The reorg had finally happened last Friday. The team memberships are finalized, old meetings canceled, and new ones set up. We still need to tackle issues such as splitting shared responsibilities across the teams. But I am glad that we pulled the trigger. The three-week-long limbo put a lot of stress on the engineers. Now, we can look towards the future.
Software Engineering ⚙️
TheI’velity to find and follow a gradual migration path is the org’s bread and butter of software engineering. This article is a perfect example in a large web application.
Over the last few weeks, I’ve been a bit frustrated that my org’s leaders mandated decisions that I felt the individual teams should own. Reading this article made me realize that different circumstances call for different types of leadership. Still, I should share my frustration with my manager.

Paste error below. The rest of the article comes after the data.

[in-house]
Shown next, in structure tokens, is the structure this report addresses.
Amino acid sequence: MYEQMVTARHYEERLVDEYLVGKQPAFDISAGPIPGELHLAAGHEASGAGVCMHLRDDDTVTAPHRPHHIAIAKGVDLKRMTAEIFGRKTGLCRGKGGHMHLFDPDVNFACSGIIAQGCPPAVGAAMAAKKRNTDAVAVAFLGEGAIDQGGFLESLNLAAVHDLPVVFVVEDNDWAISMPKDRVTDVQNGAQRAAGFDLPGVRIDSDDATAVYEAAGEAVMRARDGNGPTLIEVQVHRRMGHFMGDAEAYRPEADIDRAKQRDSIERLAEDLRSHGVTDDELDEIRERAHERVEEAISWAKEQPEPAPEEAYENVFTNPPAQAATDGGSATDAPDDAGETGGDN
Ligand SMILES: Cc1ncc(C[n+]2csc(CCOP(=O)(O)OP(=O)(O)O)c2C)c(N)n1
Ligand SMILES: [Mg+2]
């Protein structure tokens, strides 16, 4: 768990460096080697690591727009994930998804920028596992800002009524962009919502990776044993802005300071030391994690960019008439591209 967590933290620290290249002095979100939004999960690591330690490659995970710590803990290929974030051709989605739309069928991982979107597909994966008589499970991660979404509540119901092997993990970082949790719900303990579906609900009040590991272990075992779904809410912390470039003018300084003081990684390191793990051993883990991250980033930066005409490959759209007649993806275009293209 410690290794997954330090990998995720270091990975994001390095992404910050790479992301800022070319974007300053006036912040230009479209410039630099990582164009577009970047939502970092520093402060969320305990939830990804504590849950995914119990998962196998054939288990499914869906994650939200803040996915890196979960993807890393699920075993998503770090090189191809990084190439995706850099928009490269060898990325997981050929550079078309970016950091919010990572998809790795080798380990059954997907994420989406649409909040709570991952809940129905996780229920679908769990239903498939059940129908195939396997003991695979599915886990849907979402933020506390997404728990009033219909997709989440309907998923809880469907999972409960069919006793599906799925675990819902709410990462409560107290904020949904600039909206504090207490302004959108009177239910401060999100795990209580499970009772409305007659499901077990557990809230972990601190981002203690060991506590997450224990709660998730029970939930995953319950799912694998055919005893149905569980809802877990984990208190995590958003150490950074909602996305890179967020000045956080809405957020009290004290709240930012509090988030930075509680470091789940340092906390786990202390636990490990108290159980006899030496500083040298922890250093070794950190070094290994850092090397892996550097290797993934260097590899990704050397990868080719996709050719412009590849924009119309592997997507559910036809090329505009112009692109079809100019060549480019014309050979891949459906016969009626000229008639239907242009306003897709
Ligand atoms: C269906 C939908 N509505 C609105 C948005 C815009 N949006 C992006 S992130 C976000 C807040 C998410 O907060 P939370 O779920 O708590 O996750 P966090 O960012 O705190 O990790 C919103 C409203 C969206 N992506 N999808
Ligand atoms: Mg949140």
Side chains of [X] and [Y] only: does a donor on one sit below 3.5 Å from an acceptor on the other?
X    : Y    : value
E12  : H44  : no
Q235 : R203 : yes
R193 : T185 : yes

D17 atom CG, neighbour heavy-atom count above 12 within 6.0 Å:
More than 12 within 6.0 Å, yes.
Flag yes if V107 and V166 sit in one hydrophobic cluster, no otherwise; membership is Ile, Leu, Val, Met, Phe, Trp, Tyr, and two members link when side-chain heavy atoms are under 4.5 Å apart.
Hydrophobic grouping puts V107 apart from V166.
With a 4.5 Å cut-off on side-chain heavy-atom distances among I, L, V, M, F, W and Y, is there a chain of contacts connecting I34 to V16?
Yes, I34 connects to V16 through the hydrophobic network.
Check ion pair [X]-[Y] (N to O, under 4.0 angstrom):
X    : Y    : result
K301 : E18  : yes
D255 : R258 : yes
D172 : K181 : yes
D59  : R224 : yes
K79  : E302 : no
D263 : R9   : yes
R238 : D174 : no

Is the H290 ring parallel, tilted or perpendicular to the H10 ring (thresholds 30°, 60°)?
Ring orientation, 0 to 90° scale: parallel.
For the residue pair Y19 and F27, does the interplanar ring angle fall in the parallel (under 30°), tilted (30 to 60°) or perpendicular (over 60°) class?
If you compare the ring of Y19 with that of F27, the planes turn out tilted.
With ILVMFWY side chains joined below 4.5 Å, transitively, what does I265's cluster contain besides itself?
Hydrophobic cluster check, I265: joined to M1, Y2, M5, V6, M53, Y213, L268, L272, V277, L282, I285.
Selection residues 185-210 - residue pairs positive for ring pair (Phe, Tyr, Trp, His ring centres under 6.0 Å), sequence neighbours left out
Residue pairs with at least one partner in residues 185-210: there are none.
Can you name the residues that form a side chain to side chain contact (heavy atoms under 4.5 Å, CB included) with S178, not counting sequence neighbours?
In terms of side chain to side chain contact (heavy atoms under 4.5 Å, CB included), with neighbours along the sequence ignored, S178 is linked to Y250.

The growth conversations in my org revolve around upcoming promotions. Managers at Square often use the promotion packet template to track their reports’ progress. That helps prepare for the next promotion cycle, but there is a significant gap: the promotion packet template doesn’t track our growth outside Square’s definition of progress. Therefore, the internal training team recommended creating a development plan for everyone on the team, and I intend to do so.
“Learned helplessness” is a powerful concept that I learned from this article. I’ve seen many engineers overlook problems because “that’s just how it is.”
Cool stuff 😎
I used to say that we should write code as if we were writing prose. This research debunked that. But apparently, it’s not like math either:
Understanding computer code seems to be its own thing. It’s not the same as language, and it’s not the same as math and logic.